CSE welcomes new National Ambient Air Quality Standards | Centre for Science and Environment


CSE welcomes new National Ambient Air Quality Standards

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New Delhi, November 18, 2009: Centre for Science and Environment (CSE) has welcomed the newly notified Revised National Ambient Air Quality Standards, which were announced here today by Jairam Ramesh, the minister of state (independent charge) for environment and forests.

CSE welcomes new National Ambient Air Quality Standards, as the first uniform health-based standards in India.
Says the new norms are a challenge as well as opportunity for clearing the air of our cities

* Centre for Science and Environment (CSE) fought hard for this much needed regulation

* Welcomes the government’s move to accord priority to public health through these norms

* Calls once again for car-restraining measures and encouragement to public transport

New Delhi, November 18, 2009: Centre for Science and Environment (CSE) has welcomed the newly notified Revised National Ambient Air Quality Standards, which were announced here today by Jairam Ramesh, the minister of state (independent charge) for environment and forests.

“CSE has been demanding these norms, proposals for which have been languishing with the ministry for over three years. It has been a long and protracted battle, and we have fought very hard for them,” said Anumita Roychoudhury, associate director, CSE and head of its Right to Clean Air Campaign.

She added: “With pollution levels going up in almost every Indian city, this was urgently needed to raise the bar of protection for public health.”

What is most important, point out CSE’s researchers, is that India will now have – for the first time – a uniform health-based standard. Says Roychoudhury: “We will now discontinue the old practice of setting air quality standards for different land use classes like residential and industrial and keeping the standards lenient for the industrial areas. The government has finally attached priority to health over protecting industrial interests.”

The key changes

    * The standards have brought two new deadly pollutants – PM 2.5 and ozone -- within the ambit of regulation. Both of these have begun to raise their ugly heads in our cities. Delhi, particularly, has already begun to experience ozone pollution. However, while the proposed air quality norms had suggested a standard of 90 microgramme per cubic metre for ozone, the notified standard (eight hourly) is 100 microgramme per cubic metre. For PM 2.5, the standard has been fixed at what had been proposed – 40 microgramme per cubic metre.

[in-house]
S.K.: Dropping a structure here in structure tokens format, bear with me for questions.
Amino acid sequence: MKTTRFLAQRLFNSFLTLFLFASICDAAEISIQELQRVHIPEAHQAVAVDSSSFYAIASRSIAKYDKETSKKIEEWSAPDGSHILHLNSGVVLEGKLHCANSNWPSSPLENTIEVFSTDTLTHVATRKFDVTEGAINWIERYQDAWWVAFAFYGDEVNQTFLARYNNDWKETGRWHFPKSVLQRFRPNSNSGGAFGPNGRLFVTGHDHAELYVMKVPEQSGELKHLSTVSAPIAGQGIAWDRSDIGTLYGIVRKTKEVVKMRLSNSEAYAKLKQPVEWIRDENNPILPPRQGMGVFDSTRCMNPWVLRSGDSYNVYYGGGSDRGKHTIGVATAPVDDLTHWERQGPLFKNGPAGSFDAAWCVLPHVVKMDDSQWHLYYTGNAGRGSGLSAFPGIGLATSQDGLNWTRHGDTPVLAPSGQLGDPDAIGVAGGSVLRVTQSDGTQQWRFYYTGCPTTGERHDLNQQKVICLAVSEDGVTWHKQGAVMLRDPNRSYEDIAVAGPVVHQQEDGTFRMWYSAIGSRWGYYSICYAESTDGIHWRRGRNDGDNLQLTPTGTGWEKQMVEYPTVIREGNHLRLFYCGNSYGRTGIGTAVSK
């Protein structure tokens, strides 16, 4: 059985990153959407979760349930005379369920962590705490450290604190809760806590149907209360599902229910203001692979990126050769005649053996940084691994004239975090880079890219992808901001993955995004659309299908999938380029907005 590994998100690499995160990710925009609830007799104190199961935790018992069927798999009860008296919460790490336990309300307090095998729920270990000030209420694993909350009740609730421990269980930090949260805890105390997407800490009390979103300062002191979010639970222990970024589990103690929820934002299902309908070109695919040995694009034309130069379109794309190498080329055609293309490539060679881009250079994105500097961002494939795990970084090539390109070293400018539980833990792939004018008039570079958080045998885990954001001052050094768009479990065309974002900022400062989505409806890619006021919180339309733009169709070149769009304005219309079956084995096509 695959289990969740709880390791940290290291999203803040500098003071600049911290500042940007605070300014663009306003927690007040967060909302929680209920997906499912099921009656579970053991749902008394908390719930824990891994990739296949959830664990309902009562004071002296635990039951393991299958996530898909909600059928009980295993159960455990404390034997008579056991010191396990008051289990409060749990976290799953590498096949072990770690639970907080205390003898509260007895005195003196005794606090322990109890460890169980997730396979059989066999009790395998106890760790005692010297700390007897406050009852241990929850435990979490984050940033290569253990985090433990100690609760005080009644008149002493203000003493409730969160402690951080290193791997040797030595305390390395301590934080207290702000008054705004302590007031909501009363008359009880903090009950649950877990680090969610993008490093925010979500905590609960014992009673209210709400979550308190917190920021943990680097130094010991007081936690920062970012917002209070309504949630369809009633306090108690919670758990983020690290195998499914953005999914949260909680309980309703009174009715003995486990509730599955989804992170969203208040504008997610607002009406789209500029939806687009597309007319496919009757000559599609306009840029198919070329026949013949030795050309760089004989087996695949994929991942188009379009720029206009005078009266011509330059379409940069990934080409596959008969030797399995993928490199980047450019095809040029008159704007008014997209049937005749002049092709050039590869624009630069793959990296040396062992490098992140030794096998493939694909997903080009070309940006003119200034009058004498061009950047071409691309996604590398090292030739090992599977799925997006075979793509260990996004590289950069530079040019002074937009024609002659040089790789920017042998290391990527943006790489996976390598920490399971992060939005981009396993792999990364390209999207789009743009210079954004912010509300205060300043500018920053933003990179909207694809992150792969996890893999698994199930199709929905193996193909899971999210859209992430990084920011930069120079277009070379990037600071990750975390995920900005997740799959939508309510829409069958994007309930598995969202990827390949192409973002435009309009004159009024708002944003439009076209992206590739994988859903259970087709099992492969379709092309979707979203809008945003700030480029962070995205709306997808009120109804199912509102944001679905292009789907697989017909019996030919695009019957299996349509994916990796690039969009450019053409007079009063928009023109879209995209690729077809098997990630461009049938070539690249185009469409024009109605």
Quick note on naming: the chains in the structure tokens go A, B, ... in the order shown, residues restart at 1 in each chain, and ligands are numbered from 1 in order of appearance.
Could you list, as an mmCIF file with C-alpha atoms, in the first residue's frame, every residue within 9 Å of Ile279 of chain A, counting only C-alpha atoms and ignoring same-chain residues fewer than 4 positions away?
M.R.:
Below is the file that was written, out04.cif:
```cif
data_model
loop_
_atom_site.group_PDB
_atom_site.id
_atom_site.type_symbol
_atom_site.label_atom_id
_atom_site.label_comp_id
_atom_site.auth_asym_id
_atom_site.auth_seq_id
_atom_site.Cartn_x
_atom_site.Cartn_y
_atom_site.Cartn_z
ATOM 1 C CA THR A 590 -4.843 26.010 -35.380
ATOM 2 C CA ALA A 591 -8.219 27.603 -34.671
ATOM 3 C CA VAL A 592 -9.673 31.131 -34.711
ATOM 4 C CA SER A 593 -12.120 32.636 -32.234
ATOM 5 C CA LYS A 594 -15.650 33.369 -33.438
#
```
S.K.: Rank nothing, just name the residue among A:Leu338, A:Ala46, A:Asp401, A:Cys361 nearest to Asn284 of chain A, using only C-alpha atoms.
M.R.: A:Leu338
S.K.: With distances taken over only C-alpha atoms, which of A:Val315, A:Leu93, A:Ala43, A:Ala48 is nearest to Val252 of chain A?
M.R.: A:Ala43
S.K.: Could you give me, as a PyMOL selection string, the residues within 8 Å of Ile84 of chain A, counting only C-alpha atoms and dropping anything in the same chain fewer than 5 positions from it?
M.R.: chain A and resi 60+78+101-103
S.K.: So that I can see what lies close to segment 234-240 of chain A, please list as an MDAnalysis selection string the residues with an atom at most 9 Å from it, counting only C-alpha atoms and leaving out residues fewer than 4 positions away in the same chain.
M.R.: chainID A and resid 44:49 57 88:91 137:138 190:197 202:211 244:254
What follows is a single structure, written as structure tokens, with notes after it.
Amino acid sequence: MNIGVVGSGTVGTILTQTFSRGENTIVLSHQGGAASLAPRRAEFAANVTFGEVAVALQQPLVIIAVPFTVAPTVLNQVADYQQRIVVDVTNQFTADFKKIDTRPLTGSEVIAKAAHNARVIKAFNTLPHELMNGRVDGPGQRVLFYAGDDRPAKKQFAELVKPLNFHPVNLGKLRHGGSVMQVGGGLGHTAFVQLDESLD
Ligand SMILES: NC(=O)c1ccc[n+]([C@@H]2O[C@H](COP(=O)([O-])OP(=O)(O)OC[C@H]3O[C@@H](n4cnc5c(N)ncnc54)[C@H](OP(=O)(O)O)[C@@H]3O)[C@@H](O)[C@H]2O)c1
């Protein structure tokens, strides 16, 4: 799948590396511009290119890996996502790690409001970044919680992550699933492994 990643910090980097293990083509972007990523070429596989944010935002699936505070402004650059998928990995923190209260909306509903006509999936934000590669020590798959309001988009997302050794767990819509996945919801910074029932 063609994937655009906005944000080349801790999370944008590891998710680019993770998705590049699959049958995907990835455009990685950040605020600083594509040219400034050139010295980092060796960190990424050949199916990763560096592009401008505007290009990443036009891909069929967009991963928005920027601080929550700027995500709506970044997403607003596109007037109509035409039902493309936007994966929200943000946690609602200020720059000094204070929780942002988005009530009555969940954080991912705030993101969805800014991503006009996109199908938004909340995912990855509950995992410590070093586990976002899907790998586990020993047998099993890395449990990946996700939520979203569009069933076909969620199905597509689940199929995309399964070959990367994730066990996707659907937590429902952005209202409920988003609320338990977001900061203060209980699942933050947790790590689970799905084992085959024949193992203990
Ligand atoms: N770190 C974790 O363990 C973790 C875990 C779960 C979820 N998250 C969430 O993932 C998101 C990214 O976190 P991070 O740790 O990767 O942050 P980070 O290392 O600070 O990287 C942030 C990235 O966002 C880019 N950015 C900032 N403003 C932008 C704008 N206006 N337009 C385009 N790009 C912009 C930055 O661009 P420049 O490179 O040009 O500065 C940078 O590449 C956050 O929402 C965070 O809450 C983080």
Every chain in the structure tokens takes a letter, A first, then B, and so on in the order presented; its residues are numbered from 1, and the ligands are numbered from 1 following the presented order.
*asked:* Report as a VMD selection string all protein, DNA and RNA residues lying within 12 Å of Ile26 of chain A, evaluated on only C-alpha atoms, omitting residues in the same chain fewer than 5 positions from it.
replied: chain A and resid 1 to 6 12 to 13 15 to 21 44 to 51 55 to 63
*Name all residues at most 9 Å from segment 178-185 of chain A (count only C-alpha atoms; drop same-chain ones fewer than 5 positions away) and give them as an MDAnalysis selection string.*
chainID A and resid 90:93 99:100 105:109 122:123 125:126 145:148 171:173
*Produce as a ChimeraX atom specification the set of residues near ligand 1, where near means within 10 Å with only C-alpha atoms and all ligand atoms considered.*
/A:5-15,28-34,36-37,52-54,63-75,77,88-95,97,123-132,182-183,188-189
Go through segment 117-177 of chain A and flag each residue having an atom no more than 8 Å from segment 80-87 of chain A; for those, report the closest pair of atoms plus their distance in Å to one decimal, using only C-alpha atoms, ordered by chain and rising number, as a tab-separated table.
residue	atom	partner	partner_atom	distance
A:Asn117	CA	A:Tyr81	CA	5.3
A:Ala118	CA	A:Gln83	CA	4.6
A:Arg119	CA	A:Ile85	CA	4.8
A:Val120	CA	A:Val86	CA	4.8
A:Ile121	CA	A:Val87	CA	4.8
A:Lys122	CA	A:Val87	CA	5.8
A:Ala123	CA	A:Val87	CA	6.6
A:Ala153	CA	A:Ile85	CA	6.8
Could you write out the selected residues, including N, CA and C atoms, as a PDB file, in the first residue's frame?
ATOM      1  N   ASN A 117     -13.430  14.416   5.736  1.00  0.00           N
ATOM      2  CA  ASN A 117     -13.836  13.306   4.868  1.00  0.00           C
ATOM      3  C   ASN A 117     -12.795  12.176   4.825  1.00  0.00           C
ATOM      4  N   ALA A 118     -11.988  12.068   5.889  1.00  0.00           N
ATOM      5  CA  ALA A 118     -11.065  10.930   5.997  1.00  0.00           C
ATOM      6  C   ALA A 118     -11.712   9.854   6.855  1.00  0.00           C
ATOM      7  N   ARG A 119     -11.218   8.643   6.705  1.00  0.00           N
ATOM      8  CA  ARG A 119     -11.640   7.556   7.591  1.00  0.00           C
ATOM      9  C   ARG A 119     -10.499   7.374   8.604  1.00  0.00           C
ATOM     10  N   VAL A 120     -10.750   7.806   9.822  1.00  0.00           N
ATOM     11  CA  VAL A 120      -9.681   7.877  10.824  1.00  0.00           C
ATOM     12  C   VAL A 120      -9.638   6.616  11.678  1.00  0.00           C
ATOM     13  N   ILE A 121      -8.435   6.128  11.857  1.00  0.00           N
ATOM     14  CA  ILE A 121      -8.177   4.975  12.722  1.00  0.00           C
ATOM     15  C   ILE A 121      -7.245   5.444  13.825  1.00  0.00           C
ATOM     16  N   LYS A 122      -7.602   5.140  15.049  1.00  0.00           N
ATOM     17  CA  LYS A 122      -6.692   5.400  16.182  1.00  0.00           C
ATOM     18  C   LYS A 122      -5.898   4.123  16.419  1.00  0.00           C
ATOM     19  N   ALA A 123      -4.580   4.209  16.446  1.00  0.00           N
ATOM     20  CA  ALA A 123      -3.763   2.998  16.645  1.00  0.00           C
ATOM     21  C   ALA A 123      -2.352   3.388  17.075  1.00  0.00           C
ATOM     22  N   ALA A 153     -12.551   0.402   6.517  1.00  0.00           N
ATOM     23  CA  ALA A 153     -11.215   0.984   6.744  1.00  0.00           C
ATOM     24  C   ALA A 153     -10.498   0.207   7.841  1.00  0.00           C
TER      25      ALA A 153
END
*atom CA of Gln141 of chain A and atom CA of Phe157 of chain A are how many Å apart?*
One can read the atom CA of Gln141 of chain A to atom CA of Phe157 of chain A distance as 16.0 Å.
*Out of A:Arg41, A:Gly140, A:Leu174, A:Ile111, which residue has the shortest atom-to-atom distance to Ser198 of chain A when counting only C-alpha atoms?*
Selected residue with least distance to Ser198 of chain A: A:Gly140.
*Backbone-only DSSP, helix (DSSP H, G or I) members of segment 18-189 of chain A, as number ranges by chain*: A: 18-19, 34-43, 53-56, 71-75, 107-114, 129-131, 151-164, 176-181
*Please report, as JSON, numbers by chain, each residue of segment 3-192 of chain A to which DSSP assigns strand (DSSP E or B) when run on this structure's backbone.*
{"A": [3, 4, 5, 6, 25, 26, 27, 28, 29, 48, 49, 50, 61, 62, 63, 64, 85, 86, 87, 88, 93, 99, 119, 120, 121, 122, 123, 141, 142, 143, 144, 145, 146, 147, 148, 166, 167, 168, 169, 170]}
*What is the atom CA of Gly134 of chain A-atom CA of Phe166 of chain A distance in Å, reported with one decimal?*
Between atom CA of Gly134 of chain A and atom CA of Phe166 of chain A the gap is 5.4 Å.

* The standard for nitrogen oxide (NOx) has been made more stringent: from the existing 60 microgramme per cubic metre, it has been tightened down to 40 microgramme per cubic metre.

    * Standards for short duration -- just one to a few hours – have been set to reduce peak exposure to some deadly gases like ozone and carbon monoxide. Normally, nearly all pollutants have time average standards for a year and a day or for 24 hours. Additionally shorter duration standards of an hour or few hours will help avert immediate impacts of peak levels on people with respiratory and cardiac problems during smoggy days.

    * In some cases, tighter standards for ‘sensitive areas’ have been notified. Several major agricultural crops are very sensitive to air pollutants. Therefore, a tighter air quality standard is now in place for forests and natural vegetation.

CSE has reassessed the air quality data in Indian cities in relation to the proposed standards to understand the change in air quality status of the cities. The macro view that emerges from this analysis is that in 80 per cent of cities monitored under the National Air Quality Monitoring Plan, at least one criteria pollutant exceeds the annual average ambient air quality standards. This has serious public health implications, say CSE researchers, and the new standards may go some way in addressing that concern.

The next step

Overall, say CSE researchers, the standards are tighter now, and offer a huge challenge as well as opportunity for India’s state and city governments in terms of controlling the increasing numbers and dieselisation of their car fleets. “We need measures that will restrain the use of cars and encourage the use of public transport,” says CSE director Sunita Narain.

Delhi, for instance, adds over 1,000 new personal vehicles each day on its roads. And a considerable number of these vehicles run on diesel. According to the Society for Indian Automobile Manufacturers (SIAM), market share of diesel cars is expected to be 50 per cent of total car sales by 2010.

Diesel vehicles are known to emit higher smoke, particles and NOx than their petrol counterparts. According to WHO and other international regulatory and scientific agencies, diesel particulates are carcinogens. Even the so-called ‘clean’ diesel running on fuel with 350 ppm of sulphur, allows higher limits for NOx and particulate emissions compared to petrol cars.

CSE has also urged that the ministry of environment and forests should now put in place a system to fulfill the objectives of the 11th Five Year Plan, already underway, that mandates the Central government to set a monitorable target of air quality -- achieve the standards of air quality in all major cities by 2011-12.

For more details, please contact

    * Anumita Roychoudhury (anumita@cseindia.org) or Priyanka Chandola (priyanka@cseindia.org) of CSE’s Right to Clean Air Campaign.

    * or arranging interviews, you can contact Souparno Banerjee CSE’s Media Resource Centre on 9818750007 or write to her at souparno@cseindia.org
 

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